Eighteen years after his landmark thriller “The Sixth Sense” premiered, acclaimed director Manoj “M. Night” Shyamalan returns with “Split,” a psychological terror revolving around a man with 24 different personalities.
Shyamalan’s reputation had been recently besmirched by flops like “The Last Airbender” of 2010 and “After Earth” of 2013. Additionally, “Split” has been accused of taking advantage of public prejudice against mental illness for profit. However, “Split” dispels criticism by humanizing the main character through a thorough exploration of the nature behind dissociative identity disorder.
Unlike other thrillers, the success of “Split” does not rely on blockbuster action sequences or jump scares but is rooted in a nuanced exploration into the deepest realms of the human mind.
The movie is focused on Kevin Wendell Crumb (James McAvoy), who has assumed 24 personalities as a result of suffering trauma early in his life. Notable personas include Barry, a flamboyant fashion designer, Hedwig, a 9-year-old boy with a lisp and Miss Patricia, a strict older woman.
McAvoy shines, effortlessly switching accents, mannerisms and demeanors in a complex and haunting performance. Through the incredible work of costume designer Paco Delgado, McAvoy poignantly convinces the audience that they are seeing 24 characters rather than mere facets of a single personality.
Kevin’s varying personalities are revealed slowly as he interacts with three girls he has kidnapped and keeps in his basement. Popular girls Claire (Haley Lu Richardson) and Marcia (Jessica Sula) often make rash decisions that provoke Kevin’s personalities, while misfit Casey Cooke (Anya Taylor-Joy) remains reserved and observant.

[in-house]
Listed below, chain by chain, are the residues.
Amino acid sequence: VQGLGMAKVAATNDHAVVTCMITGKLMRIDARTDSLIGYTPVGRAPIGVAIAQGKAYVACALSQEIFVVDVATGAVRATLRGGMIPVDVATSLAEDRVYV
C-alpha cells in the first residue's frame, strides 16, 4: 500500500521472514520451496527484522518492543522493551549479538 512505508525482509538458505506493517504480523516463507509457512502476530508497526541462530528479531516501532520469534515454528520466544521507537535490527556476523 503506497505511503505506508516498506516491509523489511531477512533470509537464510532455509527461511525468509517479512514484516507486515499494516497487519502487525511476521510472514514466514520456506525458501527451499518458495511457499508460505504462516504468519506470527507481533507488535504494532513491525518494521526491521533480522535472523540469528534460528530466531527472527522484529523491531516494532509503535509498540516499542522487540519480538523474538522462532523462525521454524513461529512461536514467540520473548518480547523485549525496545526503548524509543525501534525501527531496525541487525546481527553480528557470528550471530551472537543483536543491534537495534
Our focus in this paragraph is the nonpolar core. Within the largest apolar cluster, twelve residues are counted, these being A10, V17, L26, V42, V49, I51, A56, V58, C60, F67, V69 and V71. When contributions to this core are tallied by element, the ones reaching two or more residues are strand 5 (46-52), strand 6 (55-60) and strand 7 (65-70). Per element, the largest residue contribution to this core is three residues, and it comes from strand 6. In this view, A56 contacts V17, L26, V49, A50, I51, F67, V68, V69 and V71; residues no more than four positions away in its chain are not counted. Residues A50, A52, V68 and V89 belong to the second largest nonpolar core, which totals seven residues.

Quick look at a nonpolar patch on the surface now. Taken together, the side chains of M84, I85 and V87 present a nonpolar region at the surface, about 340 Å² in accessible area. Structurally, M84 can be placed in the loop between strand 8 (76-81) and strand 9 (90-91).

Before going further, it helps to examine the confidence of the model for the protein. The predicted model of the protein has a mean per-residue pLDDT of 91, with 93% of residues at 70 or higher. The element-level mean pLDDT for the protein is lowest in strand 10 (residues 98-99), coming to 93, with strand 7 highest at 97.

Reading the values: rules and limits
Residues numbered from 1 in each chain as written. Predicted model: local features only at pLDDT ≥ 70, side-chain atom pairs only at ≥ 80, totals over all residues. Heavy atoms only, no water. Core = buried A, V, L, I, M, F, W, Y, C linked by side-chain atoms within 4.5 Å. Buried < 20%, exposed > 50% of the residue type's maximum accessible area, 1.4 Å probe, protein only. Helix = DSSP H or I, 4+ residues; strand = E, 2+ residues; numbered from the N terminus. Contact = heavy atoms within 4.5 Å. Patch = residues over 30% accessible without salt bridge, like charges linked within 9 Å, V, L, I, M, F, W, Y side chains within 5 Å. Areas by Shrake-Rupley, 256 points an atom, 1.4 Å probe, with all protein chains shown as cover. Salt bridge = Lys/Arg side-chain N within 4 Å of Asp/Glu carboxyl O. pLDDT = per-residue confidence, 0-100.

Casey’s personality begins to unfold as the movie glimpses into her past, revealing a connection between herself and Kevin. She uses this connection to maneuver around Hedwig, in hopes that Kevin’s inner child might know the secret for getting the girls out. When a final personality, referred to as The Beast, begins to take over Kevin, Casey must rely on her wits, hunting skills and compassion to survive.
The beauty behind “Split” lies in its attempt to make the audience understand and empathize with Kevin and the battles in his mind. Through Betty Buckley’s role as Dr. Karen Fletcher, Kevin’s psychologist and an expert regarding dissociative identity disorder, we begin to understand the origin of Kevin’s personalities, what triggers them and how they can be controlled — if at all.
Fletcher wants the world to see people with the disorder as humans with vast potential, rather than guinea pigs or social outcasts. Kevin is not a reckless monster looking to exact revenge upon the worldbut rather a man who has experienced great suffering and is struggling to regain control of himself.
Whether he intended this or not, Shyamalan crafts a powerful message about mental health and its erroneous perception within society. “Split” reminds us of the dangers and injustices resulting from ostracizing these individuals. Kevin is neither evil nor insane, but he does need support from people like Casey and Dr. Fletcher, who listen and help him make sense of his world.
The movie’s biggest triumph rests in its originality. Kevin is not an archetypal villain, and Casey is not a traditional victim. The film’s plot is intense and unpredictable, presenting constant twists and disturbing sequences. The erratic nature of Kevin’s disorder is enough to create powerful suspense, and, just like Casey, the audience never knows which personality is going to appear next. The film conveys true horror without resorting to gore or violence by simply revealing the extraordinarily sinister potential of the human mind.
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